Diversity in the Workplace
This paper is an in-depth examination and extensive study of the role that management plays in helping to insure the success of diversity in the workplace.
# 9763 | 4,445 words | 8 sources | MLA | 2002 |
Published on Jan 31, 2003 in Business (Companies) , Political Science (Government Agencies) , Business (Management)
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This paper is both a study and in-depth analysis of the role that leadership plays in ensuring that diversity in the workplace is a success. The author begins by examining the history of integration, beginning with the Civil War and post-Civil War periods, the the History of Civil Rights and pays special attention to the impact of the Civil Rights Act of 1964 on diversity in the workforce. The paper also details how the role of women and ethnic groups has changed. Some of the topics covered include the relationship between leadership and diversity and the face of diversity and leadership in the New Millennium. The author then discusses the different assumptions and hypothesis used in the study about diversity in the workplace. The author outlines the study's purpose which is to prove that managers' actions affect the workplace. It then discusses how the researcher's methodology was to interview lower and middle management in twenty-five medium to large-size organizations about their attitudes towards diversity and to rate their findings. The author then discusses the results of the research, breaking down the different areas that were covered in the study, which effectively support the hypothesis that managers' actions, behavior and attitudes have a direct impact on the success or failure of diversity in the workplace.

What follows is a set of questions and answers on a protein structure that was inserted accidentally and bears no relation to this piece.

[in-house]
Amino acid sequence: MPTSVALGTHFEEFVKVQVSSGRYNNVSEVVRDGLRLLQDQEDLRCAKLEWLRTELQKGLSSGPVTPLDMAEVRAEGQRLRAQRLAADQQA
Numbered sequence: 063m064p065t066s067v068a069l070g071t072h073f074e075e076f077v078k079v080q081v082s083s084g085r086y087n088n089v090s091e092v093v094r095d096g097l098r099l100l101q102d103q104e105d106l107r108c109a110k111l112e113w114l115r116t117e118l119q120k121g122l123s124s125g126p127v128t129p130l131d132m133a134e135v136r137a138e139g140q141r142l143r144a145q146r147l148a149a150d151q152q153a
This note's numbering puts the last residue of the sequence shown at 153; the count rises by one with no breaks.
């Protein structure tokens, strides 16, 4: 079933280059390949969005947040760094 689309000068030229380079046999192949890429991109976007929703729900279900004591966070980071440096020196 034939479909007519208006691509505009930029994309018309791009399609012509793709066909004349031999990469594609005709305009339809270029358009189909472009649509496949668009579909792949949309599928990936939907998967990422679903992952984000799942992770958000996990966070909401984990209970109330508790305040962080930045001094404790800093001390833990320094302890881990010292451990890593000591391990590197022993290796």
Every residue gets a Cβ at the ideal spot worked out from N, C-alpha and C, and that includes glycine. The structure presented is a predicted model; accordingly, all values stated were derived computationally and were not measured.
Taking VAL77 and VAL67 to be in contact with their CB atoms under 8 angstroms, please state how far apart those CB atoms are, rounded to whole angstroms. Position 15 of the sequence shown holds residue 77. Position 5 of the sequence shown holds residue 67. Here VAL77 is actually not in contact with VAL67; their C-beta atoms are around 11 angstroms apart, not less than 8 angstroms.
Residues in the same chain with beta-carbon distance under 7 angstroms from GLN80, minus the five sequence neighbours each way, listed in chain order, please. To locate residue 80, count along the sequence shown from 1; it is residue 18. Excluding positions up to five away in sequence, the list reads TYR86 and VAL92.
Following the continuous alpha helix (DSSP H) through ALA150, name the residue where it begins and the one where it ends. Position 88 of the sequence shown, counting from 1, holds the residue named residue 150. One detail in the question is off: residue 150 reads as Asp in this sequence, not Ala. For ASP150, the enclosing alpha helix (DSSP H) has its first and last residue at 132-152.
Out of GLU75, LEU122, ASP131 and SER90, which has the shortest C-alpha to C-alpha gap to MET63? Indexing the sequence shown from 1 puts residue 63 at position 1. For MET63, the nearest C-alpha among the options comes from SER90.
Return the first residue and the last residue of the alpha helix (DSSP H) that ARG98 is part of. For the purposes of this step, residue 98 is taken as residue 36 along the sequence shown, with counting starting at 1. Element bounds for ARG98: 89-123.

From the Paper:"There are two primary theories on leadership. Some suggest that leadership is a given talent. Some people have it and others do not. This was the prevailing thought in the earlier part of the century. Today, it is realized that leadership embodies certain traits, characteristics and skills that can be easily taught and trained into potential leaders. Hollander and Offerman had some innovative theories centered on this concept. They felt that effective leaders could shape subordinates through modeling. In other words, they could practice the principles that they wished to instill on their subordinates and accordingly the subordinates would act in the same manner as the leader (Hollander, & Offermann, 1990). When placed in the context of creating greater diversity in the workforce, this theory has many ramifications. A leader cannot expect that the employees will be receptive and non-confrontational if the leader themselves does not act in this manner."
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Diversity in the Workplace (2003, January 31) Retrieved October 19, 2020, from https://www.academon.com/research-paper/diversity-in-the-workplace-9763/
"Diversity in the Workplace" 31 January 2003. Web. 19 October. 2020. <https://www.academon.com/research-paper/diversity-in-the-workplace-9763/>